San Francisco-based artist Richard T. Walker works with photography, film, text and music to navigate the fault lines between our experience of the world and our ability to express it. His Spike Island exhibition included a three-screen video installation and photographs which, set against the dramatic vistas of the American West, emphasised the physicality of distance in both real and emotional terms and the impossibility of the Romantic ideal of a true connection with the landscape.
Walker’s works document improvisational and ultimately futile attempts of being and belonging within the sublime beauty and immensity of nature. At once endearingly sincere and wryly absurd, the isolated wanderer – usually the artist himself – attempts to make sense of his place within the landscape through monologue and music.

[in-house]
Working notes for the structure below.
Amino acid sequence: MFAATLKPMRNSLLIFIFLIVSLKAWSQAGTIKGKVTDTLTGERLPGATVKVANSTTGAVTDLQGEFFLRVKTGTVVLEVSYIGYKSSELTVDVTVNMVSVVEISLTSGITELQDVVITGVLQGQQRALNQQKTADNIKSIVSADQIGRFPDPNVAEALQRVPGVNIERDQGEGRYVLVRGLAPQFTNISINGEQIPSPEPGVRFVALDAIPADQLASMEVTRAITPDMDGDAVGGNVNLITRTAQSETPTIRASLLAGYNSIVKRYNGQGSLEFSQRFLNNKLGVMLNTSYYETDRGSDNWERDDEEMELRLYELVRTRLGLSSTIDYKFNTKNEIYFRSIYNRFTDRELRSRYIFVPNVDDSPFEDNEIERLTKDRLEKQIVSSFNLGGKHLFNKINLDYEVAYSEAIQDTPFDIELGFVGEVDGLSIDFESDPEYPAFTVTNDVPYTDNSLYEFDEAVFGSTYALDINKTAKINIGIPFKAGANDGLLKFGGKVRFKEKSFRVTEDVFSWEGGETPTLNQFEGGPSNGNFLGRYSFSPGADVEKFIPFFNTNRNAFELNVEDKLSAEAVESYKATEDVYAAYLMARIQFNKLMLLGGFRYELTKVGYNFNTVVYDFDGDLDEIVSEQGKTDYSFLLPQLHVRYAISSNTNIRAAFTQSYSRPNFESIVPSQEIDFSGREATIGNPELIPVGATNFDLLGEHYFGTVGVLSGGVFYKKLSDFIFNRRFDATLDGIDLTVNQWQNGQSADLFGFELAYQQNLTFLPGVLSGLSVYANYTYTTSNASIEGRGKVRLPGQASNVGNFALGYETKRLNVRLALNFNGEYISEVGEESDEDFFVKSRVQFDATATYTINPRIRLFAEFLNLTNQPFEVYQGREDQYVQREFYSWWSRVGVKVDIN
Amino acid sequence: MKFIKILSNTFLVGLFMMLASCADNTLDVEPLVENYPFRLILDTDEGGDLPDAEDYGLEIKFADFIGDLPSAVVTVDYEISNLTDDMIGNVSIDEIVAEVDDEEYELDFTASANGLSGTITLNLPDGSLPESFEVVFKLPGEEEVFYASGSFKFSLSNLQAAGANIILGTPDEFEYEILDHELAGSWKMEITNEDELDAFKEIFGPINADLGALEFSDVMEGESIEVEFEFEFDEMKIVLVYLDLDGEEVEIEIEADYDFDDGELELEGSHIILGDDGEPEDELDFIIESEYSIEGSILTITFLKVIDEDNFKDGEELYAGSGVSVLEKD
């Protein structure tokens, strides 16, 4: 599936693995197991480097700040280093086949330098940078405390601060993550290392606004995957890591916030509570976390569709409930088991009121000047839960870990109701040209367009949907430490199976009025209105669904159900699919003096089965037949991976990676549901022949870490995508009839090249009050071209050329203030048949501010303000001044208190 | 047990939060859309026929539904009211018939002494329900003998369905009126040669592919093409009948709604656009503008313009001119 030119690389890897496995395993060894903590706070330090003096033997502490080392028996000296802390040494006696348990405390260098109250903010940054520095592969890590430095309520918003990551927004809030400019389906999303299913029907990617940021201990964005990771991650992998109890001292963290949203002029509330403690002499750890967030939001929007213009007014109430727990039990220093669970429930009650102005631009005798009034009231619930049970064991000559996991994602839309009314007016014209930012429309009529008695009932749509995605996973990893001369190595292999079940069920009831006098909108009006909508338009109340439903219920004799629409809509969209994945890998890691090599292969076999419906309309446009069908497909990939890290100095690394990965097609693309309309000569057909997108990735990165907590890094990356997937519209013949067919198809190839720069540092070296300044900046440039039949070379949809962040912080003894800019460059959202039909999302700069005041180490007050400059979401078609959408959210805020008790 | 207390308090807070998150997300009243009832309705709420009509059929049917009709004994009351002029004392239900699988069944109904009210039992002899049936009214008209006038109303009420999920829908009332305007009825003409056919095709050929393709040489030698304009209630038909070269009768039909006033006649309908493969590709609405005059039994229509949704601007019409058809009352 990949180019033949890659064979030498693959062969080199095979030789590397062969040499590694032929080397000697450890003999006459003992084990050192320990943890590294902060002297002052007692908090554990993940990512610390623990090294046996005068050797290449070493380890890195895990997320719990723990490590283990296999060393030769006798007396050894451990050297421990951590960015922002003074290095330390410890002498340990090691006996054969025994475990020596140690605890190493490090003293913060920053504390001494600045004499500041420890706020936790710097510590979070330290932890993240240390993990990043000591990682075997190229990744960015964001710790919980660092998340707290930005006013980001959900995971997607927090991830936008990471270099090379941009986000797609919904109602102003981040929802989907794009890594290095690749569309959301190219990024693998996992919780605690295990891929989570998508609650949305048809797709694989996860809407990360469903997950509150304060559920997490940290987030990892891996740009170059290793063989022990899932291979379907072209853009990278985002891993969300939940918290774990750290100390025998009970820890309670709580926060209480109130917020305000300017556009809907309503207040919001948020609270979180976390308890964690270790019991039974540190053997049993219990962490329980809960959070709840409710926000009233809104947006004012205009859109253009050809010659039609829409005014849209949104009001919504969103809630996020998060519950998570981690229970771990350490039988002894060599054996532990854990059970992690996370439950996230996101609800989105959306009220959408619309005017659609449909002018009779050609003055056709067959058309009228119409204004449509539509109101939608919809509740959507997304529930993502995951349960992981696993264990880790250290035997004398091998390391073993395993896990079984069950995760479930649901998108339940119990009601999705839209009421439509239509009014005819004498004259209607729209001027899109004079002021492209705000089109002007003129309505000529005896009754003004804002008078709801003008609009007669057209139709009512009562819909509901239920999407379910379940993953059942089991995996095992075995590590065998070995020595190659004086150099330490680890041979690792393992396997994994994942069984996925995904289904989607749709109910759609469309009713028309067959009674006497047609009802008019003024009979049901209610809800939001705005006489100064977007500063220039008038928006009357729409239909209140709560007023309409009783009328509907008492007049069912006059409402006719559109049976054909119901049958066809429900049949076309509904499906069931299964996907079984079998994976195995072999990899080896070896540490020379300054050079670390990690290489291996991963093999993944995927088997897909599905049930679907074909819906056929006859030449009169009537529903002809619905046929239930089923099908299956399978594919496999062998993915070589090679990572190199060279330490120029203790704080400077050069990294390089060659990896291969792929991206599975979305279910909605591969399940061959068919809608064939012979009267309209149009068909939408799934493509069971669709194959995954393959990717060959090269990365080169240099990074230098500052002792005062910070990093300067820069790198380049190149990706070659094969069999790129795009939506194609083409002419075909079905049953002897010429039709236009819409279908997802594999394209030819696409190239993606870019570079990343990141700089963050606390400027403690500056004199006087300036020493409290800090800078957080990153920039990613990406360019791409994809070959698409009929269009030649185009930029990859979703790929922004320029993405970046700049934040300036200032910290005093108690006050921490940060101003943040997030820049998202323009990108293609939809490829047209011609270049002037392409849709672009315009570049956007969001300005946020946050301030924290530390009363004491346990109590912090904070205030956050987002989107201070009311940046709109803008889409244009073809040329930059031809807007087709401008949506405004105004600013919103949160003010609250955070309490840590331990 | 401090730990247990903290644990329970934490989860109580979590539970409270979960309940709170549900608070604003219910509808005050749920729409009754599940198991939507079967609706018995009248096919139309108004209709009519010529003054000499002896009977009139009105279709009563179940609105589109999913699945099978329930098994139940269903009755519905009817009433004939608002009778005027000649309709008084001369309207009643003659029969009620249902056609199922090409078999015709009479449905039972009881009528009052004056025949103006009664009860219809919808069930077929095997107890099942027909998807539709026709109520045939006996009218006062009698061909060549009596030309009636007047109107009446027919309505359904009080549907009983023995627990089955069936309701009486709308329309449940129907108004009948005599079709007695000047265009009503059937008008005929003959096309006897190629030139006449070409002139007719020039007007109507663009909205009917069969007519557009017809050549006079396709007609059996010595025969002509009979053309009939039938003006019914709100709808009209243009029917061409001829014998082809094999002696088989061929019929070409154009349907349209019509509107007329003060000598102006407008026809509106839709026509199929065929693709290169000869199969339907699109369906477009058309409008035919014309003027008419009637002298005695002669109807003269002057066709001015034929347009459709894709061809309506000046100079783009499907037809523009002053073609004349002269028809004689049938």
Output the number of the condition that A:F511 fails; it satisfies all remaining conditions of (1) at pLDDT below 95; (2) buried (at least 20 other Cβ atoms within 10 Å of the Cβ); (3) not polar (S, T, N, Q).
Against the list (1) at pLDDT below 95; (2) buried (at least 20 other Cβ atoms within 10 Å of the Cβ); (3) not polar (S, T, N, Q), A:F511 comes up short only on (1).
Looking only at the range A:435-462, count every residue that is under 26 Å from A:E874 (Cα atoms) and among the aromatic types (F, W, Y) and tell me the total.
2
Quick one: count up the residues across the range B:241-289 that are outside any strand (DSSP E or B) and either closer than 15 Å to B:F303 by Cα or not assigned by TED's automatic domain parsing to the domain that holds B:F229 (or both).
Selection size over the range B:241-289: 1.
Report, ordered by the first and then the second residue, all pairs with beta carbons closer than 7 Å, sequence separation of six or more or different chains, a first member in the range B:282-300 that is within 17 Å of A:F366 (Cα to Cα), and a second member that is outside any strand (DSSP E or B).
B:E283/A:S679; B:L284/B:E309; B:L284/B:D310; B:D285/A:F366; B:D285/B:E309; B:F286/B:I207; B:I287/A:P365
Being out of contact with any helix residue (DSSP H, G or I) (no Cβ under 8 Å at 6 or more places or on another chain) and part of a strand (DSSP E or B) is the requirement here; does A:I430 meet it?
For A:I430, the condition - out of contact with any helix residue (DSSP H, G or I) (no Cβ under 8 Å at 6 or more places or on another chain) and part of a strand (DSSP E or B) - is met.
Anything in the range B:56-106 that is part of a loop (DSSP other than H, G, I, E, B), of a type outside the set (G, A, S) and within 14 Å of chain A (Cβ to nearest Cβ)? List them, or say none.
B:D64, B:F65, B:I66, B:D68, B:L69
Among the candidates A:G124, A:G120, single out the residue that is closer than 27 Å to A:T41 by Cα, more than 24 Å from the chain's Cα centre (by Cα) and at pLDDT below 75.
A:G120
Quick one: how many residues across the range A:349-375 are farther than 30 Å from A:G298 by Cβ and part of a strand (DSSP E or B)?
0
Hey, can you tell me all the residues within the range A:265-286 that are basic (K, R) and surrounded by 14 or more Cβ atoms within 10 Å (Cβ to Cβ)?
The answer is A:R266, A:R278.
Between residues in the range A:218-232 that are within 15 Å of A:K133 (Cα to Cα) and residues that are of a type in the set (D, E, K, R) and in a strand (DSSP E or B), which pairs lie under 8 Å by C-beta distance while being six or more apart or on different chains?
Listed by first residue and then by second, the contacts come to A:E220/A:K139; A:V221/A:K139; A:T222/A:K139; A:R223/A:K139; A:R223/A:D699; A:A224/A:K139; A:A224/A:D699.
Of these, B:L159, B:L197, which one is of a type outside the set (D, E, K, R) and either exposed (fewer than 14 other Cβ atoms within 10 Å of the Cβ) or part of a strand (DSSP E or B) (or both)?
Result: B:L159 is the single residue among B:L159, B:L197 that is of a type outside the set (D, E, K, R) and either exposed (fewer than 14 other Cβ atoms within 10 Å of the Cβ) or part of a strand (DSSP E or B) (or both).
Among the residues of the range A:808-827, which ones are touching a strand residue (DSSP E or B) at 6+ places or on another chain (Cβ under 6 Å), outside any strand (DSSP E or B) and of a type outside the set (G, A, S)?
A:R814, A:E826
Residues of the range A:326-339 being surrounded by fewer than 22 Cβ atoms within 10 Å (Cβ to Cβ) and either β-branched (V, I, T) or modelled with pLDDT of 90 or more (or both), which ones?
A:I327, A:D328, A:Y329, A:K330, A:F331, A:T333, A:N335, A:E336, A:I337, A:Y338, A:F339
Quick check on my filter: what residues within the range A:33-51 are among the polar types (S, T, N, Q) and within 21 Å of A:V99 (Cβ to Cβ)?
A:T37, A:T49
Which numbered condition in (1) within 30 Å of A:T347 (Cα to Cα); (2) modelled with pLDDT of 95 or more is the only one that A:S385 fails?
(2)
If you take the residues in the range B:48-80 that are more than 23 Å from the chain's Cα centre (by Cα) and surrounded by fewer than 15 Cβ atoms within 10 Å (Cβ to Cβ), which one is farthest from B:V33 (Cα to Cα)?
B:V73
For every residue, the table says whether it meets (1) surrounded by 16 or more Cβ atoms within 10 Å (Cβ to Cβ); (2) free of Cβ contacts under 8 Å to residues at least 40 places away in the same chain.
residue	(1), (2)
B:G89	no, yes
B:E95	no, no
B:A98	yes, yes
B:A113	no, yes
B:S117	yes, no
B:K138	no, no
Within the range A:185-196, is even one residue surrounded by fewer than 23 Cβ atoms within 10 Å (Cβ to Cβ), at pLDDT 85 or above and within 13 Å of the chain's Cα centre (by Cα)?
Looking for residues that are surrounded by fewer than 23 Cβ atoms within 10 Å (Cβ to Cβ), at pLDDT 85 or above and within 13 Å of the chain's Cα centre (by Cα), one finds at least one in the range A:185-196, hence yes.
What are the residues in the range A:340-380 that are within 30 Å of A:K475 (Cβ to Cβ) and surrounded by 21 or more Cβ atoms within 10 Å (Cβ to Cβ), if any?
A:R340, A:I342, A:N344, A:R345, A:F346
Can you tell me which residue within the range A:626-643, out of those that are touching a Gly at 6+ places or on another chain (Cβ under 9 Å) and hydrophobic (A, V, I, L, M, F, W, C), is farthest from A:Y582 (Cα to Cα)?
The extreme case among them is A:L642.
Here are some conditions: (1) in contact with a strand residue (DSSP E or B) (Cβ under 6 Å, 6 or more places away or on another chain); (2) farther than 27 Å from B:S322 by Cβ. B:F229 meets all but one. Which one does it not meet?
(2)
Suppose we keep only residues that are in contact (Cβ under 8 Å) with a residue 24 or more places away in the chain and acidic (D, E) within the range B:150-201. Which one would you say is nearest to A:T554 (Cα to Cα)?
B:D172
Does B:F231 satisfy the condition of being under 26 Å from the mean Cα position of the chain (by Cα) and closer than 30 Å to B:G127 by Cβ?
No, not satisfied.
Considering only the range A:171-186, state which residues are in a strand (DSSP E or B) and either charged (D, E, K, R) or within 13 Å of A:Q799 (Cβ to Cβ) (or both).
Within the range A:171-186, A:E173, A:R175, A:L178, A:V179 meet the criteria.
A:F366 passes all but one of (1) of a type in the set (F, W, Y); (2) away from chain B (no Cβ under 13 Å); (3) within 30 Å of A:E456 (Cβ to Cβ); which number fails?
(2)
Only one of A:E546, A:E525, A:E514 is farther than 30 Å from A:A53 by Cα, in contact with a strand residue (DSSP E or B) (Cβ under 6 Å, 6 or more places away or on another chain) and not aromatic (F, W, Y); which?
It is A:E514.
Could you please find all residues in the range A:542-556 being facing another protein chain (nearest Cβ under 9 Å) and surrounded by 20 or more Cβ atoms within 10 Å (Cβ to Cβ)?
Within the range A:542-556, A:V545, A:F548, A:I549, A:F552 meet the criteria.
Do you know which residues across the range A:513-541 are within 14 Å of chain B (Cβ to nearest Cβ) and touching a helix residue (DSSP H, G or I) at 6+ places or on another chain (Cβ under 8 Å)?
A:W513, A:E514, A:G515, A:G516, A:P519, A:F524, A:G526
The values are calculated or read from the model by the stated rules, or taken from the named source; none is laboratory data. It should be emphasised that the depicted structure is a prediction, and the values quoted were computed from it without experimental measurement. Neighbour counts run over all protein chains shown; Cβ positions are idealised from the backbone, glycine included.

“Walker’s anthropomorphizing of nature, his assignation of human qualities of will, character and emotion to the land is amusing, charming even. It’s also utterly telling. In an appealing and nonthreatening way, Walker lays bare (and implicitly challenges) the presumption that the natural world revolves around us. He gently mocks our inability to step outside of the self-appointed center by showing himself attempting more meaningful communion but failing, due to fundamental flaws in the terms of the search.”
– from the Los Angeles Times review of Walker’s 2010 work successive inconceivable events.
Richard T. Walker received his MFA from Goldsmith College in 2005 and is based in San Francisco. He has exhibited at institutions such as the Temporare Kunsthalle, Berlin, De Appel, Amsterdam, and LAXART, Los Angeles. His work was recently included in the group exhibitions Embodying at the Atlanta Contemporary Arts Center (2011) and Big Picture at K21 in Düsseldorf (2011).